rewired: a brief (and opinionated) net history
written by David Hudson
published by Macmillan Technical Publishing, 1997
309 pages of text; 18 pages of reference


In 20th century America, most distinct cultural eras have had their own magazine; a place in which the young and hip could express the insights and hopes particular to the time, singing hosanna for the new and pronouncing anathema on the old. The 20s, for example, had Smart Set. The 50s had Life. The 80s had Spy.

In the 90s, we had Wired. With its utopian faith in the transformative power of new computing technology and its contemptuous mistrust of government, Wired both reflected and fueled the libertarian-tinged cyber-enthusiasm that marked the mid-90s.

But like its predecessors, Wired proved to be so tightly bound to its particular milieu that it could not survive its passing. Smart Set died in 1930, Life in 1972 (though later resurrected in reduced form), Spy in 1994, and now Wired, its basic ideology seeming quainter and more irrelevant by the day, is itself on the ropes.

In rewired, David Hudson provides an idiosyncratic look at the milieu that gave birth to Wired, and at why that milieu is now passing away. Though Hudson praises Wired as "indispensable" and "the only periodical with the guts and the savvy to tackle the issues central to [computer-driven social change]," he also disagrees strenuously with its libertarian and utopian philosophies, and he devotes much of rewired to presenting and critiquing the foundations of the Wired ideology.

In particular, Hudson criticizes the resurgent Social Darwinism he finds in Wired; a resurgence made possible by the relatively young and wealthy audience of the magazine. The average Wired reader is not likely to be troubled by an assertion that anyone who isn't succeeding doesn't deserve to succeed, and that social welfare is a waste of money.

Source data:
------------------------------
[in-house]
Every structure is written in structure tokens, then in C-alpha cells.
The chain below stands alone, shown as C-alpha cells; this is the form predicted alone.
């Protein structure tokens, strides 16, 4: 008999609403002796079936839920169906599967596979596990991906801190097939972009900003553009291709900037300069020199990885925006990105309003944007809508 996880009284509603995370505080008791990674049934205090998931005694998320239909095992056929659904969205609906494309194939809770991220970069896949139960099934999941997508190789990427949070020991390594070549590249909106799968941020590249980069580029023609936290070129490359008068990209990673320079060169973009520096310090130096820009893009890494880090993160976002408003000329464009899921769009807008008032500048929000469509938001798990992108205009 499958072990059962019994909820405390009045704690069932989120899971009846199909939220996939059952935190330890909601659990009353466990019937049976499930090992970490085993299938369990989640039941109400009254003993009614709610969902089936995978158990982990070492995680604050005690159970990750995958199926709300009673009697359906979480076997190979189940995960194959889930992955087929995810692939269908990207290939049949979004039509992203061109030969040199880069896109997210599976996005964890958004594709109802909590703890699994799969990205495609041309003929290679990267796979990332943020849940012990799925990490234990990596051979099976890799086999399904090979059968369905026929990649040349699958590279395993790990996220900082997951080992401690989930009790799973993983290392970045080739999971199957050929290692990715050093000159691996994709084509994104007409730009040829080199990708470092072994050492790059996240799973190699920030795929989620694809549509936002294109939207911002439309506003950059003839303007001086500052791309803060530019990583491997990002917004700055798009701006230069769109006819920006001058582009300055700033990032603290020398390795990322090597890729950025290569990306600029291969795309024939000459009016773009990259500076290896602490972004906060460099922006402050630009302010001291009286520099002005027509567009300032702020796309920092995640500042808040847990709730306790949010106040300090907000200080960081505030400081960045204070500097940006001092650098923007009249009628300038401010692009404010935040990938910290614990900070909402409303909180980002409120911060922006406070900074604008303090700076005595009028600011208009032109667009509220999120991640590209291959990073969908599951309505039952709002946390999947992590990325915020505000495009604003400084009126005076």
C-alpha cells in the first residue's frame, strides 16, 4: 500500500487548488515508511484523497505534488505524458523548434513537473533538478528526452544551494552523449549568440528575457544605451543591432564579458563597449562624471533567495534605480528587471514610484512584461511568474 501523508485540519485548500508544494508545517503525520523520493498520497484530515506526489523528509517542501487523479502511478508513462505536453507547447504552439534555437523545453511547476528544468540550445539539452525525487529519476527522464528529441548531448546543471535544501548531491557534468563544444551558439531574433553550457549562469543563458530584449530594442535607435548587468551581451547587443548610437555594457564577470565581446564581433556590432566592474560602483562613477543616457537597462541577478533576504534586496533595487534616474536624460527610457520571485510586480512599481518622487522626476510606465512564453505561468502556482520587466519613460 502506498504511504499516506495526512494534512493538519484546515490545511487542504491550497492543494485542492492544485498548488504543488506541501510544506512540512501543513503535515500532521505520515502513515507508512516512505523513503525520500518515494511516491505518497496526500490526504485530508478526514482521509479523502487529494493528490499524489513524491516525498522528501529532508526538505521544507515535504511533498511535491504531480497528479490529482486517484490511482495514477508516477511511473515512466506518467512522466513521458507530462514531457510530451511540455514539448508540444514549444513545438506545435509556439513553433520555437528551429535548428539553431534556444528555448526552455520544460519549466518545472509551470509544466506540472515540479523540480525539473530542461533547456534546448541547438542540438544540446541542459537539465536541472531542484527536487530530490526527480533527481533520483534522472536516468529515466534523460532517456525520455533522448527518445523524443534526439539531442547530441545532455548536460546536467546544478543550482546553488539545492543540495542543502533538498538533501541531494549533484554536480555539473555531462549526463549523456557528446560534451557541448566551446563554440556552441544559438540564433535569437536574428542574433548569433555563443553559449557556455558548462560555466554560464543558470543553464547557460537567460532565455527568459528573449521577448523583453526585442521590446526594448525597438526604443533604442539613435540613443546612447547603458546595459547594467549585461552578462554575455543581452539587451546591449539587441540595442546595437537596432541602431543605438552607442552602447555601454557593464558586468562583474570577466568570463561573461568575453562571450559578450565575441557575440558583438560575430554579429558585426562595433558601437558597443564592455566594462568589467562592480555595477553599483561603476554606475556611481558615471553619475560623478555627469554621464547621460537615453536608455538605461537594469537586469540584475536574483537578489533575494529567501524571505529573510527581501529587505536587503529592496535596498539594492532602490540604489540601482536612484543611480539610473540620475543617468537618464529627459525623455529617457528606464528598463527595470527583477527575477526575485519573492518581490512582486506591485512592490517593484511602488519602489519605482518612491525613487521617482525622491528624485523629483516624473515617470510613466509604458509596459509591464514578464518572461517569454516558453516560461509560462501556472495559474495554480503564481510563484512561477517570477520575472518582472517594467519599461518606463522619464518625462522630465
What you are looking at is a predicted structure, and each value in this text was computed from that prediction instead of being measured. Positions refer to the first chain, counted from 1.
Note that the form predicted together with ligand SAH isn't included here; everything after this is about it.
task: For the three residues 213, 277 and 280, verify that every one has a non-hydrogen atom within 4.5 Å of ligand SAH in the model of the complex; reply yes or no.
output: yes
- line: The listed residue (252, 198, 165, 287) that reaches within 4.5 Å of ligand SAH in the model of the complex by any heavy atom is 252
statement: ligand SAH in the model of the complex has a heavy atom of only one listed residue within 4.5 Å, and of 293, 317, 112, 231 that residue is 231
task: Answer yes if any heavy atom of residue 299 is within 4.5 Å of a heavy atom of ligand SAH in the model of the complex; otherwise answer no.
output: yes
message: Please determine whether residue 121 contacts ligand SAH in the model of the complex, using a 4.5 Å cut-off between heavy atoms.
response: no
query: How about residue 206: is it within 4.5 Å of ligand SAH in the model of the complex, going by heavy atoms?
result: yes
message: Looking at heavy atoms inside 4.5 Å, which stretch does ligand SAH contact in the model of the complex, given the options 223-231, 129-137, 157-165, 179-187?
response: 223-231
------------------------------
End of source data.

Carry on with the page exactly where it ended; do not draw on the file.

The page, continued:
On a lighter note, Hudson pokes fun at Wired's pretense that it is leading a global revolution. Hudson shows how the Wired philosophy is provincial to the conditions of Silicon Valley, and that Wired management and members of the European computer culture have a relationship marked by a considerable degree of mutual puzzlement and contempt.

Hudson writes not just about Wired, but also about Internet culture as a whole. Like many other prominent Net culture mavens, Hudson combines articulate writing with unseemly self-absorption to produce essays that are often witty, insightful, and provocative, yet also creepily solipsistic. (To his credit, Hudson does address the inflated sense of self-importance of so many columnists in the "new media," but Hudson himself often lacks perspective: for example, in what real world is new media writer Paulina Borsook "immensely popular"?) Hudson effectively argues that the key to the popularity of the Internet is not content, but interactivity -- people log on to meet other people much more often than they log on to read articles or do research.

One other point to note about rewired is its aesthetic quality. Hudson is an artist, and he brings that sensibility to the design and typography of his book, which are remarkably well done. (Hudson's experience in the art world is also obvious during his knowledgeable discussions about how hype helped create the World Wide Web as we know it.)

What David Hudson gives us in rewired is a casual, chatty look at the history, present, and future of both the Internet and its fading champion, Wired. His insights into the libertarian influence on both are incisive and valuable, and his judgment about the fate of the ephemeral Wired seems apt: "as curiosity about the Net and its culture wears off and all those wow colors wear thin, only the ugly part is left."


The rewired Web site


Review posted 4 September 1998